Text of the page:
The Walkout is a searing and powerful film about the real-life student-led walkouts in East Los Angeles in 1968. The Walkout chronicles the days leading up to the walkouts, as well as the actual protests and aftermath. The film is an inspiring story of courage and strength in the face of adversity.
The Walkout is directed by Edward James Olmos and stars Alexa PenaVega, Michael Peña, and Yancey Arias. The film is based on true events, and it is clear that a lot of care and attention went into making sure that the story was told accurately. The acting is top-notch across the board, but PenaVega and Peña are especially good as the two student leaders who spearhead the walkouts.
The Walkout is a film that is sure to inspire and educate viewers of all ages. It is an important story that needs to be told, and the film does an excellent job of bringing it to life. I highly recommend checking it out.
The film “Walkout” is a film that narrates the tale of kids who struggle against high school rights in place. To improve their education, students boycotted their schools. This money was an intriguing film because it depicted the history of “Chicanos,” also known as Mexicans of Mexican descent.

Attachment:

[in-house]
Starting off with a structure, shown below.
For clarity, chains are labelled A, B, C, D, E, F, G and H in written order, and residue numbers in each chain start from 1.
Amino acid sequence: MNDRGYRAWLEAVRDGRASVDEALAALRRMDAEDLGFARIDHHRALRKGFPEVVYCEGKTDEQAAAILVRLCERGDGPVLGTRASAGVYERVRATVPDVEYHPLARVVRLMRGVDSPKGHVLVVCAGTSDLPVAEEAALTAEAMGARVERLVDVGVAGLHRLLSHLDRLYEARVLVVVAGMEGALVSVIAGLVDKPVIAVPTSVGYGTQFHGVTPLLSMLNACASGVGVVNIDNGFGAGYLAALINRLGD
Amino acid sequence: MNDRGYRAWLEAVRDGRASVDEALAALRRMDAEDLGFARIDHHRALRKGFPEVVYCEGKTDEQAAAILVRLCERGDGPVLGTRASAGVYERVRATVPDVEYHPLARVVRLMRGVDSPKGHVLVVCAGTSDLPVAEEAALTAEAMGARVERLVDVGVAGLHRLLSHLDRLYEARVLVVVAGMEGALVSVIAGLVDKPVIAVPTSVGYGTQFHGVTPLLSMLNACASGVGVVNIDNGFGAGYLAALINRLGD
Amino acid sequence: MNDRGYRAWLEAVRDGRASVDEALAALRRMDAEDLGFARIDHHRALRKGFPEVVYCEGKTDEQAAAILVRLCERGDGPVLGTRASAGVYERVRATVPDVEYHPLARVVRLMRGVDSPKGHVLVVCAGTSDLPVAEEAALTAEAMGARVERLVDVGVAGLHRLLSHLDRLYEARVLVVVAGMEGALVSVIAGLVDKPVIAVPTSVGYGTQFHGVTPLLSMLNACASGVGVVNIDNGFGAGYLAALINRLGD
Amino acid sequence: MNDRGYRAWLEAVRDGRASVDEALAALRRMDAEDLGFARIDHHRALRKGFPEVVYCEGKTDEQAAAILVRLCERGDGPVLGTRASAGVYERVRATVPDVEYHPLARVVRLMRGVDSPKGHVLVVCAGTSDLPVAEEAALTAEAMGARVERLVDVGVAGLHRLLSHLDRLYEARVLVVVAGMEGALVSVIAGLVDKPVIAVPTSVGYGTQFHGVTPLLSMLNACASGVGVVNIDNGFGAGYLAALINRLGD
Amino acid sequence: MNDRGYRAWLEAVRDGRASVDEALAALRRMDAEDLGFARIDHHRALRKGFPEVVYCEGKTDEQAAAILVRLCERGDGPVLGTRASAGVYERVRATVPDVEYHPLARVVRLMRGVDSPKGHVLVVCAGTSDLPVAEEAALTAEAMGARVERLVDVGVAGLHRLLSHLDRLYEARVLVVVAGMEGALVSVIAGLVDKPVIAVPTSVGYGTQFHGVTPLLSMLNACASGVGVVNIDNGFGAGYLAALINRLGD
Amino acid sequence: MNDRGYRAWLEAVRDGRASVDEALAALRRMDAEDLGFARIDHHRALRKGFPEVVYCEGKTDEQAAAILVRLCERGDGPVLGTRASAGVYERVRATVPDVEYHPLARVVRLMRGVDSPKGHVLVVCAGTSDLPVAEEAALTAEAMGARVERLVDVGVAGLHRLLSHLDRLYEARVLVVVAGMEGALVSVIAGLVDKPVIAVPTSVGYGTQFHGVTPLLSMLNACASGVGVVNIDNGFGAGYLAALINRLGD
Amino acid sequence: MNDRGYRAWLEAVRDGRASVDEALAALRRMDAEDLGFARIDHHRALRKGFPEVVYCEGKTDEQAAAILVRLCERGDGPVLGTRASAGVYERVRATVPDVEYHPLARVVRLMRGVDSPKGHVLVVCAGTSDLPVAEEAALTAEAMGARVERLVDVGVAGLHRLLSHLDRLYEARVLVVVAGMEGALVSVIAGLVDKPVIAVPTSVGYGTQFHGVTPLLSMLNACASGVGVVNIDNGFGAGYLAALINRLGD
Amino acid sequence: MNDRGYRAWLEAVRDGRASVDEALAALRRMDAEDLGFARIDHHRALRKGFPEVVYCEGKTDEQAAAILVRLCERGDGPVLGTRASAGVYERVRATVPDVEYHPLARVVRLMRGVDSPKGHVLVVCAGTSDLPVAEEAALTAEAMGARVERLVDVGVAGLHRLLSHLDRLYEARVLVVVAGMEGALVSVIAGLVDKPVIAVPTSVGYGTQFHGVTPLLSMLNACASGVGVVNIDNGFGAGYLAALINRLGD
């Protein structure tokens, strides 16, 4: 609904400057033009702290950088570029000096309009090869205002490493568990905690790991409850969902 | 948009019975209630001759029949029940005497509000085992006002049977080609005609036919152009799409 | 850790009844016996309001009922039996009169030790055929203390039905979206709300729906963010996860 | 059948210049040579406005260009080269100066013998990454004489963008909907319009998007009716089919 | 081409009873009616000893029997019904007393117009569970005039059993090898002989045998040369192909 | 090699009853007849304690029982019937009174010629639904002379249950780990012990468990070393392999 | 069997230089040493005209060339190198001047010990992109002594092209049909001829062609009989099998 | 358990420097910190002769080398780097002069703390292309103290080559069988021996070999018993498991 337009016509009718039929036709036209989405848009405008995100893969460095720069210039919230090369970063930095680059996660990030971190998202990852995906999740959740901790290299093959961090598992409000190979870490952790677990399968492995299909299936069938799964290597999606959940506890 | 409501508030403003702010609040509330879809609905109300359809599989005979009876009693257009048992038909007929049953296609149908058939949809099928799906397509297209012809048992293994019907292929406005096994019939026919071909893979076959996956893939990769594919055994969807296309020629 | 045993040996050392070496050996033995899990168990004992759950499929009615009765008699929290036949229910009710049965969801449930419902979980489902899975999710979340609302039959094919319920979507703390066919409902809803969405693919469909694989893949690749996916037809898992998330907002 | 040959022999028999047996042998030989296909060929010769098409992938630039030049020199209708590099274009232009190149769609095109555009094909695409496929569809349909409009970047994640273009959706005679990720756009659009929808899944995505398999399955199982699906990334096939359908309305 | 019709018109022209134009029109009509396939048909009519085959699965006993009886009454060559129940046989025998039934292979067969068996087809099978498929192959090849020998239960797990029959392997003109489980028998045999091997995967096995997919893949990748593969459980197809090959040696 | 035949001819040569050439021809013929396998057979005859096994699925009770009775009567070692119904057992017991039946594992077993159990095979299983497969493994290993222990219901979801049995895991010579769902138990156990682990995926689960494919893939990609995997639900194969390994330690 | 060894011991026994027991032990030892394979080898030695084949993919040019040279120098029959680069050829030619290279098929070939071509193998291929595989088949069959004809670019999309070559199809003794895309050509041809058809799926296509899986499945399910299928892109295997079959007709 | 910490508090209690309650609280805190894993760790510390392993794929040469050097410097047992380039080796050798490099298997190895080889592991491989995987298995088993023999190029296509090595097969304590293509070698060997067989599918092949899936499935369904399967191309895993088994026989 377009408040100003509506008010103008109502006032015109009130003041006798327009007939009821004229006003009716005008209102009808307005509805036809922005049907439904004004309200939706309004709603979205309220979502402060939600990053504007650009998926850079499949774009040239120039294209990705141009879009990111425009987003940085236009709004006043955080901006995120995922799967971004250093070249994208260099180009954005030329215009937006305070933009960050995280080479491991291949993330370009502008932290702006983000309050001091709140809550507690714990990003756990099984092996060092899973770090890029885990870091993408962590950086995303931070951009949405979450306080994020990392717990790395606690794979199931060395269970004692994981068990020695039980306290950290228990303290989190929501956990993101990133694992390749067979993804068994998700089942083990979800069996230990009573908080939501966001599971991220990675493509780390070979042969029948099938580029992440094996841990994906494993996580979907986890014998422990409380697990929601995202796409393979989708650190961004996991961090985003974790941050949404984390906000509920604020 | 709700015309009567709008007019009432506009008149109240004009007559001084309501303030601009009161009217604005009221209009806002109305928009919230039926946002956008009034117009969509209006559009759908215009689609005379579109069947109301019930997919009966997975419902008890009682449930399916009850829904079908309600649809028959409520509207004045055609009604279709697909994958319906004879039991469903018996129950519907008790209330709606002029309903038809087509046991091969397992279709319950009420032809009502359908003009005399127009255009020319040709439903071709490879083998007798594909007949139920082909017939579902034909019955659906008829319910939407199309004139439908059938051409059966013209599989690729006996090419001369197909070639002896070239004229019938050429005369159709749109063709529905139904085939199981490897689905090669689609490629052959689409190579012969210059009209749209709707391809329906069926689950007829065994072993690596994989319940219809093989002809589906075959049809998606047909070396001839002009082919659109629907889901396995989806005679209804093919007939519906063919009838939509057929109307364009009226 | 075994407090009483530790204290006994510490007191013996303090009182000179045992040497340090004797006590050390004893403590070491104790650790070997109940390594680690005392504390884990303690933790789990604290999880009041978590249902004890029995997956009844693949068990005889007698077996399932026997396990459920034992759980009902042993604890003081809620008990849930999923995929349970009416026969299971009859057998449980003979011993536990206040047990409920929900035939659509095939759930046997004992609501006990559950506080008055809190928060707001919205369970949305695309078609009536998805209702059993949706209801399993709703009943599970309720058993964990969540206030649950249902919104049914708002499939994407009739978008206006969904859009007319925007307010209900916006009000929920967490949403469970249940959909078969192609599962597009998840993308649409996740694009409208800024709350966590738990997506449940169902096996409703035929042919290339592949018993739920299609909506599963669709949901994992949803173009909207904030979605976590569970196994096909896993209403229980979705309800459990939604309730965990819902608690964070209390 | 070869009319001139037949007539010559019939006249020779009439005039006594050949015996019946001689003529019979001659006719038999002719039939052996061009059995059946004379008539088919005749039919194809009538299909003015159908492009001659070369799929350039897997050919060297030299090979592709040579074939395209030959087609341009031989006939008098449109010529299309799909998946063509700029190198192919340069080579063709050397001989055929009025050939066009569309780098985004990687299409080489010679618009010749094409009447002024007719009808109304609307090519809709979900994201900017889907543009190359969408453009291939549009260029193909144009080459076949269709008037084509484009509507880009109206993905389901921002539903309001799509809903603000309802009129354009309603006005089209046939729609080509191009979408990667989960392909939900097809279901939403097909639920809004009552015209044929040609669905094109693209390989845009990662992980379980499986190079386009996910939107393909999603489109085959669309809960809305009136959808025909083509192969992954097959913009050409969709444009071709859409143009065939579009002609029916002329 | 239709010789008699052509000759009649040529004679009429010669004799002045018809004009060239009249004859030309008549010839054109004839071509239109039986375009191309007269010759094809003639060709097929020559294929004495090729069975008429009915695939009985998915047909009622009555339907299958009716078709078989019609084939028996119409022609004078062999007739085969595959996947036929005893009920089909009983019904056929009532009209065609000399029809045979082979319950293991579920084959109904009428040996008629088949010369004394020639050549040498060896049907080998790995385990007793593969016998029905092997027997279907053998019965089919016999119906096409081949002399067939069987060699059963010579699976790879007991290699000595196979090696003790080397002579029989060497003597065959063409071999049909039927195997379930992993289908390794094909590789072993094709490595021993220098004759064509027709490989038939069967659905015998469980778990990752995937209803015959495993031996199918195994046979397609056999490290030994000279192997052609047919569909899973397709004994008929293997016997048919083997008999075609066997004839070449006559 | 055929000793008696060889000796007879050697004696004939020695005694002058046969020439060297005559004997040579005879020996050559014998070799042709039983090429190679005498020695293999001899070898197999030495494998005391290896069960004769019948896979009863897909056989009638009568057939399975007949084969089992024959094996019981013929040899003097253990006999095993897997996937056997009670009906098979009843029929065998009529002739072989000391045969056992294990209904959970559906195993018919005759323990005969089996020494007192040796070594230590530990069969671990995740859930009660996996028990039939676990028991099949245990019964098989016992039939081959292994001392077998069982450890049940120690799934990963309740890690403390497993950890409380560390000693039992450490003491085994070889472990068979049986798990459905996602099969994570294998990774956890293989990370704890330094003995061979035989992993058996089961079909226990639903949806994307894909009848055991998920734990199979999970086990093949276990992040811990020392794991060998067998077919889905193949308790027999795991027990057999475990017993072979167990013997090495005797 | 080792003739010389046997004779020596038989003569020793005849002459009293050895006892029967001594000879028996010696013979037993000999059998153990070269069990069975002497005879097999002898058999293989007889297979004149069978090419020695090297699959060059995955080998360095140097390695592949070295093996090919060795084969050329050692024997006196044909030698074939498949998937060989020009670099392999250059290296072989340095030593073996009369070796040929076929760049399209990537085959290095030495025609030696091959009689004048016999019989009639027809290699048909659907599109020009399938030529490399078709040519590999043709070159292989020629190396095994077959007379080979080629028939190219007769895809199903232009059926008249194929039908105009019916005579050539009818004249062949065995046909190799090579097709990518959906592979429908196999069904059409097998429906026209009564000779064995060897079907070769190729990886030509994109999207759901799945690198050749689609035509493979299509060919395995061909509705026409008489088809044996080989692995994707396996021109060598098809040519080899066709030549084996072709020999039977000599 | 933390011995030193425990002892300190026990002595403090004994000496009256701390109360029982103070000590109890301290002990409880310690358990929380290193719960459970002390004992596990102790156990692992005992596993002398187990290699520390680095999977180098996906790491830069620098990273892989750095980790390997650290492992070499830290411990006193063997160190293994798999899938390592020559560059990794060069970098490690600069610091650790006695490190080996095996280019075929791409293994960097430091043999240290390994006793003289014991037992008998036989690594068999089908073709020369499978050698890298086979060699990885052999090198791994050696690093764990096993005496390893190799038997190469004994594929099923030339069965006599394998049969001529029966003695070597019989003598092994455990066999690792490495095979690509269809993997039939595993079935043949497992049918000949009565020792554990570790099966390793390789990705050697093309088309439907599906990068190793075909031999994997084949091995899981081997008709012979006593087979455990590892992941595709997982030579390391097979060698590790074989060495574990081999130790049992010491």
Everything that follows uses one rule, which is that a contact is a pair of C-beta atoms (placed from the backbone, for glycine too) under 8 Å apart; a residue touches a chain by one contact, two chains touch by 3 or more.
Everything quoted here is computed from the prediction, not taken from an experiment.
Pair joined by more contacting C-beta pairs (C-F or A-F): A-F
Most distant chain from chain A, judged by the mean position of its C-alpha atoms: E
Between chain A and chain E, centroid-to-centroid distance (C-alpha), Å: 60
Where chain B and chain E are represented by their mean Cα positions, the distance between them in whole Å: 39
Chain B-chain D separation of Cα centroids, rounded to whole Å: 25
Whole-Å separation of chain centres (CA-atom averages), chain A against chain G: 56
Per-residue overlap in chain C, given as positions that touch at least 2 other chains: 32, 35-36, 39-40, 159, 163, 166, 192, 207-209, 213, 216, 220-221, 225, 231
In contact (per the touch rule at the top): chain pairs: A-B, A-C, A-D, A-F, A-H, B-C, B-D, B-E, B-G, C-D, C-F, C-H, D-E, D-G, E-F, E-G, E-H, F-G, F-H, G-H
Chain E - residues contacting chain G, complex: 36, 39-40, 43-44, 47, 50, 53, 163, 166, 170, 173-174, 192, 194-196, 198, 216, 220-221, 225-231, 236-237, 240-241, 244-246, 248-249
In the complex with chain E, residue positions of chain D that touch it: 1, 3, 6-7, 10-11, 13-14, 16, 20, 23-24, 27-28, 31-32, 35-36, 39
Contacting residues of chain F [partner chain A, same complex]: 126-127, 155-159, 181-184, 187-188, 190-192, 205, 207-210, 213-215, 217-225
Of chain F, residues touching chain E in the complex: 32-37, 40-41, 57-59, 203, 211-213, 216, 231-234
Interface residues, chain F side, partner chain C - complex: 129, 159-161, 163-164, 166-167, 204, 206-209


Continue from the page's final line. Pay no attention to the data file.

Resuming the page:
The story was inspiring and showed how these students fought for what they deserved. The ending of the movie was a happy one, as the Walkout eventually became successful.
I would definitely recommend this movie to others, as it is not only educational but also inspiring. It is important to learn about our history and the Walkout is a significant event in Chicano history. 4/5 stars.
The film effectively illustrated the obstacles Chicanos faced in order to enhance their education. When Paula Crisostomo’s father says she should never join a boycotting organization because it might jeopardize her future prospects, that is one part of the movie that I particularly appreciate.
That line really stayed with me after watching the film. Walkout is a 2006 film based on a true story that took place in 1968. The walkout refers to the student-led protest against the Los Angeles Unified School District’s unfair treatment of Mexican-American students. This film follows the story of several high school students, who, tired of being treated like second-class citizens, decide to take action and fight for their rights.
The Walkout does an excellent job of depicting the discrimination that Chicanos faced during this time period. The film also highlights the importance of education and how it can be used as a tool to empower people. Overall, I thought it was a very well-made movie and I would recommend it to anyone interested in learning more about this important period in history.
According to the essay “Chicano Renaissance,” the four stages of Walkout are: criticism and revisionism, oppositional thinking, cultural pride, and oppression. I believe that the oppositional way of thinking component is most distinct among all four aspects in the film. The movie was fantastic at capturing the struggle and commitment of the Chicano/a movement during those students’ protests for a better education.